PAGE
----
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The Frontman: Bono (In the Name of Power)

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Celebrity philanthropy comes in many guises, but no single figure better encapsulates its delusions, pretensions and wrongheadedness than U2’s iconic frontman, Bono—a fact neither sunglasses nor leather pants can hide. More than a mere philanthropist—indeed, he lags behind many of his peers when it comes to parting with his own money—Bono is better described as an advocate, one who has become an unwitting symbol of a complacent wealthy Western elite.

The Frontman reveals how Bono moved his investments to Amsterdam to evade Irish taxes; his paternalistic and often bullying advocacy of neoliberal solutions in Africa; his multinational business interests; and his hobnobbing with Paul Wolfowitz and shock-doctrine economist Jeffrey Sachs. Carefully dissecting the rhetoric and actions of Bono the political operator, The Frontman shows him to be an ambassador for imperial exploitation, a man who has turned his attention to a world of savage injustice, inequality and exploitation—and helped make it worse.

176 pages, Paperback

First published January 1, 2013

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Harry Browne

64 books65 followers

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Displaying 1 - 23 of 23 reviews
Profile Image for Stewart Home.
Author 95 books232 followers
August 14, 2013
There isn’t much about Bono or U2 that interests me, but I was curious about Browne’s book as a critique of celebrity culture. If Bono is viewed as a typical example of a rich scumbag, rather than someone of any real significance, I guess the U2 singer is as good a place to begin a critique of celebrity ‘activism’ as any other tedious pop ‘personality’. That said, The Clash and their dead posh frontman Joe Strummer would provide an equally good starting point. Unfortunately Browne seems to admire The Clash and compares Bono unfavourably to these pathetic punk poseurs. And this despite the fact Clash ’singer’ Joe Strummer lost the Class War group in the UK a load of money by doing an unsuccessful ‘Bash The Rich’ tour for them (of course only anarchists could chose a privately educated diplomat’s son to front a series of anti-posh agit-prop concerts, and then be surprised they lost money). Returning to Browne, he might as well make negative comparisons between Bono and manufactured pop acts such as The Osmonds or The Sex Pistols as The Clash; ultimately there’s little distinguish U2 from these earlier corporate cash cows.

Having never liked U2’s stadium ‘rock’ and since I don’t pursue celebrity gossip in the media, I wasn’t particularly aware of Bono’s AIDS and debt relief advocacy before I read Browne’s book. And while I’d come across campaigns/campaign groups such as ONE and RED, I’d never paid them sufficient attention to realise Bono was involved with them; it wasn’t necessary to look very closely at these operations to know they touted the usual bourgeois stupidities. Browne depicts Bono as a leading figure in neoliberal celebrity humanism, whereas before I read The Frontman I was only aware of the U2 singer as someone who made really bad records and wore even worse clothes. Browne also details the Christian involvements of Bono and his U2 bandmates, which served to further lower my already non-existent interest in them. Likewise, I was even less inclined to listen to U2 (and I didn’t like their records to begin with) after reading Browne on Bono chumming up to a slew of reactionary capitalist politicians such Bill Clinton, Tony Blair, George Bush Junior and Barack Obama. Clearly the U2 singer is as much of a slimeball as his pop world namesake (turned Republican politician and ski death statistic) Sonny Bono.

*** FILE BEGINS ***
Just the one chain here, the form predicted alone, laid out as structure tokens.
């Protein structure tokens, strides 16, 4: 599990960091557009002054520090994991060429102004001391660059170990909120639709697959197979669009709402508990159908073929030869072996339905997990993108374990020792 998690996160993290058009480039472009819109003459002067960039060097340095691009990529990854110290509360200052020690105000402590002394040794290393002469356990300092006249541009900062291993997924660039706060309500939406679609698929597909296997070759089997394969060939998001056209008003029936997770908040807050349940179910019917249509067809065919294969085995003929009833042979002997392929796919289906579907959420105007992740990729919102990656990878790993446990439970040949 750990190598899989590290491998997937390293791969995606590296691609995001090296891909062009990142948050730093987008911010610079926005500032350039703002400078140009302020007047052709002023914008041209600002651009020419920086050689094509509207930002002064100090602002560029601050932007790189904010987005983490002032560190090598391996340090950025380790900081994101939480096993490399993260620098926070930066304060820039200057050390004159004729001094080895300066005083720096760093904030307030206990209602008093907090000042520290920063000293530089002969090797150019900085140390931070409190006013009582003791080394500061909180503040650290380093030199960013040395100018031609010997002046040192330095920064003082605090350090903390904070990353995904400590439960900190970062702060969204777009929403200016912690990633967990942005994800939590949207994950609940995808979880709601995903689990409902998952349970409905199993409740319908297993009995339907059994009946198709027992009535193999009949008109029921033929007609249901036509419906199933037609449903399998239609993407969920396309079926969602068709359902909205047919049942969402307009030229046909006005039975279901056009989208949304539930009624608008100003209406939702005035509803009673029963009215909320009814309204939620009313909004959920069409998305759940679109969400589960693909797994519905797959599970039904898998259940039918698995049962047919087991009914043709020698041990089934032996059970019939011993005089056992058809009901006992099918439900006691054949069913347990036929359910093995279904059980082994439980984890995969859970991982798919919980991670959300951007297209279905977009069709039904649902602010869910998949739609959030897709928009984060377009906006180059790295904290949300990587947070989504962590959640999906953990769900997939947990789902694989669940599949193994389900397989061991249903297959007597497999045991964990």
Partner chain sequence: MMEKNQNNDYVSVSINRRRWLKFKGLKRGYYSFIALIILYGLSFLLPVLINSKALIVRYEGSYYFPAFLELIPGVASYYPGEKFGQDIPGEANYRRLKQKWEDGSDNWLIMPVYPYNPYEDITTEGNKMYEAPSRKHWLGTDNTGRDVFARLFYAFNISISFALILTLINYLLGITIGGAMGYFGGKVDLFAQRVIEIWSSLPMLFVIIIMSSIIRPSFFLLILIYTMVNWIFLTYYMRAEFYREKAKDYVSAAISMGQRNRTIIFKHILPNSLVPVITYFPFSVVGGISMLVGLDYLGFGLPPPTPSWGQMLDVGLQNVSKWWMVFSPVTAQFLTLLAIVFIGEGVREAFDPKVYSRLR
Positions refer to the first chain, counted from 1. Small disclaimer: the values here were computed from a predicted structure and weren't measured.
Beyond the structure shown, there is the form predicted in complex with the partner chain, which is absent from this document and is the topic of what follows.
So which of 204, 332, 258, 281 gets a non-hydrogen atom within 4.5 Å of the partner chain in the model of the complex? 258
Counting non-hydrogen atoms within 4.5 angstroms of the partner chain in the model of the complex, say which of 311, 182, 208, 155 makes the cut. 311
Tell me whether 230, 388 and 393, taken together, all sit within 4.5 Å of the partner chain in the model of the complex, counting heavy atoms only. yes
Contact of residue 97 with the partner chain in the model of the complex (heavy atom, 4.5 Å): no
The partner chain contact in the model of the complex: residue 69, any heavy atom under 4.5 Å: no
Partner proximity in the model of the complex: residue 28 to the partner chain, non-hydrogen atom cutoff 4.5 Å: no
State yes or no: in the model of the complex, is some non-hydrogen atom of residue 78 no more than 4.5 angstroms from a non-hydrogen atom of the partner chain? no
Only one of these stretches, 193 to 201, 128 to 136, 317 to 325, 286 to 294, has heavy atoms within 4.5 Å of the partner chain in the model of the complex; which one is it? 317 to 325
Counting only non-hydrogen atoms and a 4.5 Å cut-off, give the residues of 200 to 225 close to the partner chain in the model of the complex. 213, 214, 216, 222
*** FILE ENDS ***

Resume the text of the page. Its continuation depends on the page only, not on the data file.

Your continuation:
Browne’s book is probably best read by clueless fans of U2’s ‘music’, since just possibly they don’t yet understand that charity is simply another way of maintaining the status quo, and that genuine equality entails a planetary redistribution of wealth to be achieved through working class struggle. Mostly Browne does a pretty good job of explaining the obvious to those that can’t see it, but the fluffy liberal limits of his agenda does show through in places. For example, Browne praises Bono for his friendship with and support of Salman Rushdie. Like Bono, Rushdie is another celebrity toe-rag and one from a very privileged background – he attended establishment school Rugby and followed this with a stint at the equally elite Cambridge University. Like other ‘literary’ novelists, Rushdie churns out outdated prose designed to shore up bourgeois ideology. Had he been more rigorous and/or further to the left politically, Browne would have subjected Bono’s relationship with Rushdie to exactly the same types of criticism as the U2 frontman’s friendships with other members of the neoliberal ‘elite’ such as Paul Wolfowitz and Jeffrey Sachs….. Still The Frontman is an easy read and it seems unlikely we’ll see a better book about Bono since he is ultimately so inconsequential.
Profile Image for Michael.
59 reviews
September 10, 2015
This book basically uses the career of Bono and U2 to complain about the world through a fairly grating, naively socialist lens. It could have used the price of toilet paper as an excuse to complain about the world, except that wouldn't have landed it on my Amazon wish list or convinced my sister to buy it for me for my birthday. So it uses the savvy capitalist move of the bait-and-switch to make you think it's about Bono when it's actually not.

If you've read many leftist screeds, you'll quickly recognize the "nothing is good enough" rhetoric here. The author spends time complaining about Irish politics, British politics, American politics, global development, and capitalism. Actual answers or solutions--or even a reasonable picture of how Bono might have acted better--are, of course, nowhere to be found. Bono and company are mostly indicted for acting in their own self-interest, rather than for acting according to the author's ideals. I can only assume from the self-righteous tone that the author must voluntarily not invest his money in corporations, and always pays more taxes than he must.